Dean of School of Nursing at Case to speak at Yale commencement
Delivering keynote address at Yale is first-time honor for Wykle
May L. Wykle, dean and Florence Cellar Professor of Nursing at Case Western Reserve University’s Frances Payne Bolton School of Nursing, will give the keynote address at the Yale University School of Nursing’s commencement ceremony, Monday, May 23, in New Haven, Conn.
A member of the Case faculty for 36 years, Wykle is an internationally recognized expert in the field of aging and a pioneer in psychiatric nursing. Her research interests include geriatric mental health, family caregiving, minority caregivers and caring for patients with dementia. She also serves as director of the University Center on Aging and Health, an interdisciplinary collaboration across Case’s eight colleges.
“It’s a true honor for me to speak at Yale’s commencement ceremony,” Wykle said. “To be asked by the dean, faculty and students of one of the nation’s most well-respected schools of nursing is one of the highlights of my career in nursing and nursing education.”
Katherine R. Jones, acting dean and professor at the Yale School of Nursing, said Wykle was a perfect choice as the school’s commencement speaker.
“May Wykle is one of the most highly-respected and dynamic nursing educators in the world,” Jones said. “She was a logical choice to be our speaker because of Yale’s dedication to international nursing education and scholarship. Dean Wykle is a well-known leader in international nursing education, not only through her research but also through the Bolton School’s work as a World Health Organization Collaborating Center. Dr. Wykle is also well-known for her contributions to gerontological nursing, including participation in the White House Conference on Aging in 1993 and publication of a recent award-winning book, Serving Minority Elders in the 21st Century.”
Sometimes, Wykle says, she’s surprised by the turns her career has taken. Speaking at Yale is just the latest honor in a stellar career.
“I love nursing and love taking care of patients. My research began in psychiatric nursing and then gradually progressed to aging issues,” she said. “As a nurse, I was always interested in how families and caregivers coped with patients’ or loved ones’ suffering, as well as how formal caregivers, nurses and nursing assistants communicated with patients with dementia. So I focused my research on caregiving.”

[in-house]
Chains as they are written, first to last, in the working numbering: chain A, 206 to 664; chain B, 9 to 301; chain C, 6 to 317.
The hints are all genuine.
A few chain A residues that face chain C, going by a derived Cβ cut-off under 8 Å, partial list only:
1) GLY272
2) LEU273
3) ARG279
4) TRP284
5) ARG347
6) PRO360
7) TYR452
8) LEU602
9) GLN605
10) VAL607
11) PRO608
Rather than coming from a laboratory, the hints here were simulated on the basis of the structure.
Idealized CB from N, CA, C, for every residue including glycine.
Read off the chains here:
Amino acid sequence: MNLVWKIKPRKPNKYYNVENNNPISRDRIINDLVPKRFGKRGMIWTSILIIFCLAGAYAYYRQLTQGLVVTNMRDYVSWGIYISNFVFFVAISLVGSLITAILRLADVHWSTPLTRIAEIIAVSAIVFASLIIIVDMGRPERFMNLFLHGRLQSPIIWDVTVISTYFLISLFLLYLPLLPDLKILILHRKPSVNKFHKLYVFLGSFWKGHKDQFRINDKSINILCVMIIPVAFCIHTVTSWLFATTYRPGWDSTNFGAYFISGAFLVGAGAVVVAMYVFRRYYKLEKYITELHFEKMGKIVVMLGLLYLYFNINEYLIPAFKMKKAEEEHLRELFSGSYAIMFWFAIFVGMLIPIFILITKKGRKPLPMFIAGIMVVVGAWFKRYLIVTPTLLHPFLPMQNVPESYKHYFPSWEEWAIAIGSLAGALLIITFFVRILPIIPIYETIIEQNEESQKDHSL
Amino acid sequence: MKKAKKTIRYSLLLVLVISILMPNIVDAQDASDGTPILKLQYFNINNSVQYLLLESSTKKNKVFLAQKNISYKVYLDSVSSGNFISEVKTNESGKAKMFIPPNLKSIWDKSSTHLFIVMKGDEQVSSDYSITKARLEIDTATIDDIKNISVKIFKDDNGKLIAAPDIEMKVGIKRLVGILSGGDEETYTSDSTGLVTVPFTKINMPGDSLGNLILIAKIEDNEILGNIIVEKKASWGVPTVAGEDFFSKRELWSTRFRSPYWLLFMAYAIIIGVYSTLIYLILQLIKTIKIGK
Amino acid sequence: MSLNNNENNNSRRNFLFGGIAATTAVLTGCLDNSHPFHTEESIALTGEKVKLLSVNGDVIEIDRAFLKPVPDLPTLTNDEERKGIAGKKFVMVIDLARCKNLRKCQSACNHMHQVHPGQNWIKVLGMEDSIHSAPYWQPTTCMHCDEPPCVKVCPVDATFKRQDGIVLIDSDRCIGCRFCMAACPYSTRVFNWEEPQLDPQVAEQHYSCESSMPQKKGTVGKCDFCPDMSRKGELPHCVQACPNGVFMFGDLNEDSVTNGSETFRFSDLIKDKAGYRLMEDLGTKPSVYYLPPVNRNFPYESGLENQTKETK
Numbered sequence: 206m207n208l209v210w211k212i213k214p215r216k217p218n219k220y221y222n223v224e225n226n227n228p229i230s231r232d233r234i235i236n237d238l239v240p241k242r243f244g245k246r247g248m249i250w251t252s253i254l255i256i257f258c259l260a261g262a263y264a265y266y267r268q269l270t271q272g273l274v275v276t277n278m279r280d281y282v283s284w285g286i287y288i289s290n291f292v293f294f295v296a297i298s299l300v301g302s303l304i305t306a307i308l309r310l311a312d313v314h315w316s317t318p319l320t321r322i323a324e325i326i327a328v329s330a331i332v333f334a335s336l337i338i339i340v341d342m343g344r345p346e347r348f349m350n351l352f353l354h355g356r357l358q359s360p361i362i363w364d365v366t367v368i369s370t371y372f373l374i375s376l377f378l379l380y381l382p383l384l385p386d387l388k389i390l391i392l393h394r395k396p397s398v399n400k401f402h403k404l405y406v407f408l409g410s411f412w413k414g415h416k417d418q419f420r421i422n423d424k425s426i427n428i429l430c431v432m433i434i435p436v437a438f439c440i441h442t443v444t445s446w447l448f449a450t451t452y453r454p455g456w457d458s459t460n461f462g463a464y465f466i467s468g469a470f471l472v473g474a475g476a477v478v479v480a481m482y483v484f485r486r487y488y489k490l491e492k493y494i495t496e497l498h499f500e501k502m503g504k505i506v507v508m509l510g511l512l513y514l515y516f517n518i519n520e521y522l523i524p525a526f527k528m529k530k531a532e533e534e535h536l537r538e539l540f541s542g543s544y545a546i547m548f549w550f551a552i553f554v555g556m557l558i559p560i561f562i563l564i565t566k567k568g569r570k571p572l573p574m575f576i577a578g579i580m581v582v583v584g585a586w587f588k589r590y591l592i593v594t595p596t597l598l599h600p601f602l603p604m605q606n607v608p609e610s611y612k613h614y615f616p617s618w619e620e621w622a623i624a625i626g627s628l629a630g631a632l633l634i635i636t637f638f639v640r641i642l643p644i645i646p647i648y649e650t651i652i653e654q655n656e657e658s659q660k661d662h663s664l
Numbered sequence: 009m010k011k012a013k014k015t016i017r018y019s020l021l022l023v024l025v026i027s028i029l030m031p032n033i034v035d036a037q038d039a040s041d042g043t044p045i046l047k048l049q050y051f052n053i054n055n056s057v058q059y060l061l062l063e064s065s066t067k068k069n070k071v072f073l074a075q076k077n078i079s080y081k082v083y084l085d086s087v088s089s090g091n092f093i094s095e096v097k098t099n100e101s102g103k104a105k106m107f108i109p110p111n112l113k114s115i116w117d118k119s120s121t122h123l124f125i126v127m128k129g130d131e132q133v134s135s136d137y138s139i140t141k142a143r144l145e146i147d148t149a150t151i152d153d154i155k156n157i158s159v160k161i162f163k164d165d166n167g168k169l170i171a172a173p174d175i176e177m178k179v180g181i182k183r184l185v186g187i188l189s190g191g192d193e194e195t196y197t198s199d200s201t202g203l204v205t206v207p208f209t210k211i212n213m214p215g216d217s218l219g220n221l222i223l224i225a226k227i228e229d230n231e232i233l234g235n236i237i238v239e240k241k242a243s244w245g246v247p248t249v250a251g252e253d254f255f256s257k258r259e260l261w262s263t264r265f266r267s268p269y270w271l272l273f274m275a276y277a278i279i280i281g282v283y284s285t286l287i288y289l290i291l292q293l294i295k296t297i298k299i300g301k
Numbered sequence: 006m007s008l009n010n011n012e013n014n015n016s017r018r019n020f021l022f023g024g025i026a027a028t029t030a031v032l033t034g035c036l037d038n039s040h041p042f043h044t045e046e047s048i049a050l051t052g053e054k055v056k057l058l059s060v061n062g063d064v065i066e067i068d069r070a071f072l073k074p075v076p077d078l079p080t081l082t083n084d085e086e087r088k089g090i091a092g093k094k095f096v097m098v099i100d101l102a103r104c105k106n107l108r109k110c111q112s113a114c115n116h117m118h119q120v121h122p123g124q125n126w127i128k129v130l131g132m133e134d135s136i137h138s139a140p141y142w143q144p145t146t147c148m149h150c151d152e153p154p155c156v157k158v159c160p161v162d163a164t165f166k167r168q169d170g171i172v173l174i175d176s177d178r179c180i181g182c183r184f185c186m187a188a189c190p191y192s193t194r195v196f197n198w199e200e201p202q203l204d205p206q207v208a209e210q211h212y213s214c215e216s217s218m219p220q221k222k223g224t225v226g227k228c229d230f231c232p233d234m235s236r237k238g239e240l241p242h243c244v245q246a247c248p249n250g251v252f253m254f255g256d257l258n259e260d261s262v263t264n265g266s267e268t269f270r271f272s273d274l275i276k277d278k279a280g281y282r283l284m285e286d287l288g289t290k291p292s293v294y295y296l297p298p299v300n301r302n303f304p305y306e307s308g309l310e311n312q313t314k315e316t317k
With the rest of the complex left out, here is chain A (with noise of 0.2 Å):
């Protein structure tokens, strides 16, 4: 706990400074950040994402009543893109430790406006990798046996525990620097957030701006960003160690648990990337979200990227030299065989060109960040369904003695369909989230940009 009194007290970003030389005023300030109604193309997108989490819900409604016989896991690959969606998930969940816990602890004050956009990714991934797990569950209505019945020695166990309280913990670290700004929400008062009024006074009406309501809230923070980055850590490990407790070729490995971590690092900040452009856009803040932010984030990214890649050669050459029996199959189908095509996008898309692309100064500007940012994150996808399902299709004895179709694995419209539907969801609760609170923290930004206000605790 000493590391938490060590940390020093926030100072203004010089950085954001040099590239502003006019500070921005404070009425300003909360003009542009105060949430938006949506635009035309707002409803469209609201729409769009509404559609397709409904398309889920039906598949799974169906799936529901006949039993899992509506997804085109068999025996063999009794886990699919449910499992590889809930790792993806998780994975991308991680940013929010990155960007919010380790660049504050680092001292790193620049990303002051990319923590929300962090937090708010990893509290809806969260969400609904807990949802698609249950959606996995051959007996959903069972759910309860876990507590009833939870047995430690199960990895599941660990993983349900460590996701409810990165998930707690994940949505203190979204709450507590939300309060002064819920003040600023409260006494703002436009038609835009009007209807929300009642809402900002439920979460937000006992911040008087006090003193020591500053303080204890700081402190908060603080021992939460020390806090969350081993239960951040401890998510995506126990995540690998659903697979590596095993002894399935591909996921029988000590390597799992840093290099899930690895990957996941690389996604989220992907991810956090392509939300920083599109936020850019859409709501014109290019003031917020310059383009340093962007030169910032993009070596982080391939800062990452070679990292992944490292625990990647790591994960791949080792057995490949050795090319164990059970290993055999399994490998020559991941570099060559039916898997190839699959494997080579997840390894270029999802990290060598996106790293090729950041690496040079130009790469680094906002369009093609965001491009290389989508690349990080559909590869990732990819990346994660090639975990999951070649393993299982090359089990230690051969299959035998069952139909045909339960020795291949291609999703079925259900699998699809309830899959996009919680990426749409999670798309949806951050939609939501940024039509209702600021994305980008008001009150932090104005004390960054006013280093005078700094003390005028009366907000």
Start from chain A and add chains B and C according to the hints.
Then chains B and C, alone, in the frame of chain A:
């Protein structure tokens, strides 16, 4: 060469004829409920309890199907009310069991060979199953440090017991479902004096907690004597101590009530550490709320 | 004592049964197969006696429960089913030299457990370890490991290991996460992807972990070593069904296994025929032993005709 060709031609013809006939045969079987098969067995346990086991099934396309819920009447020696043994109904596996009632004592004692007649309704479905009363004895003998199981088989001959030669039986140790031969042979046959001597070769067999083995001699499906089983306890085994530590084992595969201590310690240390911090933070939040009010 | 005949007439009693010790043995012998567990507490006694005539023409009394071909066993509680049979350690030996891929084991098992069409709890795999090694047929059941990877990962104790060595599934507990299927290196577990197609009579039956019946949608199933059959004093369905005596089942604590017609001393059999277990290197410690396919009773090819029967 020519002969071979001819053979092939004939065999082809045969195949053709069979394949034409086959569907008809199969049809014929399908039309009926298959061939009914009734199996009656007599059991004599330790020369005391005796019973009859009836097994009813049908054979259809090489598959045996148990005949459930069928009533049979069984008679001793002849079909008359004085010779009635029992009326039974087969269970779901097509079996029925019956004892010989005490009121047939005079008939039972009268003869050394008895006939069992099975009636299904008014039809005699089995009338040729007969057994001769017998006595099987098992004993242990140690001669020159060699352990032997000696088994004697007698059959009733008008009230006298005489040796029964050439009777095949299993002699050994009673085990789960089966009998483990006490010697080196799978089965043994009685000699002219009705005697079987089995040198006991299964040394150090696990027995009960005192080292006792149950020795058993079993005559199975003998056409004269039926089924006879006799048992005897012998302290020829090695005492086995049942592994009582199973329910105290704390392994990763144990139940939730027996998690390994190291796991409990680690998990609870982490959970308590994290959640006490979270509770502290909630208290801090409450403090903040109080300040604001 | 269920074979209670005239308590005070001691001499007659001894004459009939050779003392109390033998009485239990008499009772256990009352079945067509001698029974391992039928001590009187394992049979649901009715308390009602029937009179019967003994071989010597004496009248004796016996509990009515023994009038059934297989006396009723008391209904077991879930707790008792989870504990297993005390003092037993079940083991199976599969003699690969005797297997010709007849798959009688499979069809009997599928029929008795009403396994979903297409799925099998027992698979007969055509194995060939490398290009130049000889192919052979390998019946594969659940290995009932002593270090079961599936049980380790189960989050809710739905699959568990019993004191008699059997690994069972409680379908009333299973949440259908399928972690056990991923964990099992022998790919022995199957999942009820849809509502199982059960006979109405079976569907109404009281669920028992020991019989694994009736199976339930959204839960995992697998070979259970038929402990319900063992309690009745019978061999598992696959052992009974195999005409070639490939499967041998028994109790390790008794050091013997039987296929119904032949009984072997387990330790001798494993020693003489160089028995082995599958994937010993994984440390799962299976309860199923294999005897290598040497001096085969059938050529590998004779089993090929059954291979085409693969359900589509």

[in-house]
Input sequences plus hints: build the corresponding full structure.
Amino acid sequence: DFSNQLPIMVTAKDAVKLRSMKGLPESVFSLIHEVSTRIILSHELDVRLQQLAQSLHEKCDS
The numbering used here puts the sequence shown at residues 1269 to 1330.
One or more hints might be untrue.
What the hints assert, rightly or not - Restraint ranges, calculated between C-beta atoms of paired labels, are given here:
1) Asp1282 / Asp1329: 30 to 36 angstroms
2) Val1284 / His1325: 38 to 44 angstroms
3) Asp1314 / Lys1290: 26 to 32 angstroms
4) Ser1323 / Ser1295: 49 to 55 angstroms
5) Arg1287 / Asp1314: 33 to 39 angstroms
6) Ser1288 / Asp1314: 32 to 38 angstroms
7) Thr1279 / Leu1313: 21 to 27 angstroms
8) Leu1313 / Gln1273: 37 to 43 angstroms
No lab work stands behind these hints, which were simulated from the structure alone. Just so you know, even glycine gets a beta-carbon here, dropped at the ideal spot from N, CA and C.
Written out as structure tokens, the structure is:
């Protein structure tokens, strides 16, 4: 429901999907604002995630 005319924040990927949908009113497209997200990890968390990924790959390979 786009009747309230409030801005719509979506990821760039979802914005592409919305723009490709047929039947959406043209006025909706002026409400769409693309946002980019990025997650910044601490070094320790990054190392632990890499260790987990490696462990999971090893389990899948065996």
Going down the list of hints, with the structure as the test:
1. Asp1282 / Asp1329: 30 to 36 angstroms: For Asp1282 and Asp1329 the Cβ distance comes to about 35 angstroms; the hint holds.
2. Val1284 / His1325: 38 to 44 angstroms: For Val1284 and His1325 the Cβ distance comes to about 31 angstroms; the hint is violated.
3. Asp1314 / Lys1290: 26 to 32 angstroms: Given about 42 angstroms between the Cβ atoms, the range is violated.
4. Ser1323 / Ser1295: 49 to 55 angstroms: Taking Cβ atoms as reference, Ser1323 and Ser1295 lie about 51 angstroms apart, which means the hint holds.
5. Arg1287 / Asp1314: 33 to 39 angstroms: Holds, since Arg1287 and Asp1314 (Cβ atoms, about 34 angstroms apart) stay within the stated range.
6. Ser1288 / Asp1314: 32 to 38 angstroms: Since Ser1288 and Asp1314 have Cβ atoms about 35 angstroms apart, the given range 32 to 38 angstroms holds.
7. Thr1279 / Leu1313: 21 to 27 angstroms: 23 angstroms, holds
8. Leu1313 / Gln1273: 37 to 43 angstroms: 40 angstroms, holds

She has pursued that research and initiated educational programs internationally in Europe, Africa and Asia. One of her favorite accomplishments is helping to start a master’s program in nursing at the University of Zimbabwe in Africa. She also was appointed the first Pope Eminent Scholar, the John and Betty Pope Chair, at the Rosalynn Carter Institute for Human Development at Georgia Southwestern State University. She is currently a member of the institute’s board. She credits her appointment at the Carter Institute with giving her more insight into caregiving issues in the community.
Wykle stresses the importance of international nursing education. “We have many international students at Case who become leaders in health care in their own countries,” she said. “That’s critical because disease has no borders.”
As a World Health Organization (WHO) Collaborating Center, the Bolton School develops and disseminates research and training programs for home health care nurses. It also provides support to nurse researchers and others who conduct research on community-based home care programs. Since becoming a collaborating center the Bolton School has brought nurses from various countries to Cleveland for intensive training and study in home health care, and has sent Bolton students overseas. The Bolton School is one of only 34 collaborating centers for nursing worldwide, including nine in the U.S.
Wykle has been a nurse or nurse educator since her 1956 graduation from the Martins Ferry Hospital School of Nursing in Martins Ferry, Ohio, her hometown. She earned her bachelor’s, master’s and doctoral degrees from Case.
Founded in 1923, the Yale School of Nursing became the first school within a university to prepare nurses under an educational rather than an apprenticeship program. Early school leaders insisted that nursing students come to Yale to learn a highly skilled profession rather than to provide extra hands to already trained nurses.
About Case Western Reserve University
Case is among the nation's leading research institutions. Founded in 1826 and shaped by the unique merger of the Case Institute of Technology and Western Reserve University, Case is distinguished by its strengths in education, research, service, and experiential learning. Located in Cleveland, Case offers nationally recognized programs in the Arts and Sciences, Dental Medicine, Engineering, Law, Management, Medicine, Nursing, and Social Work. http://www.case.edu.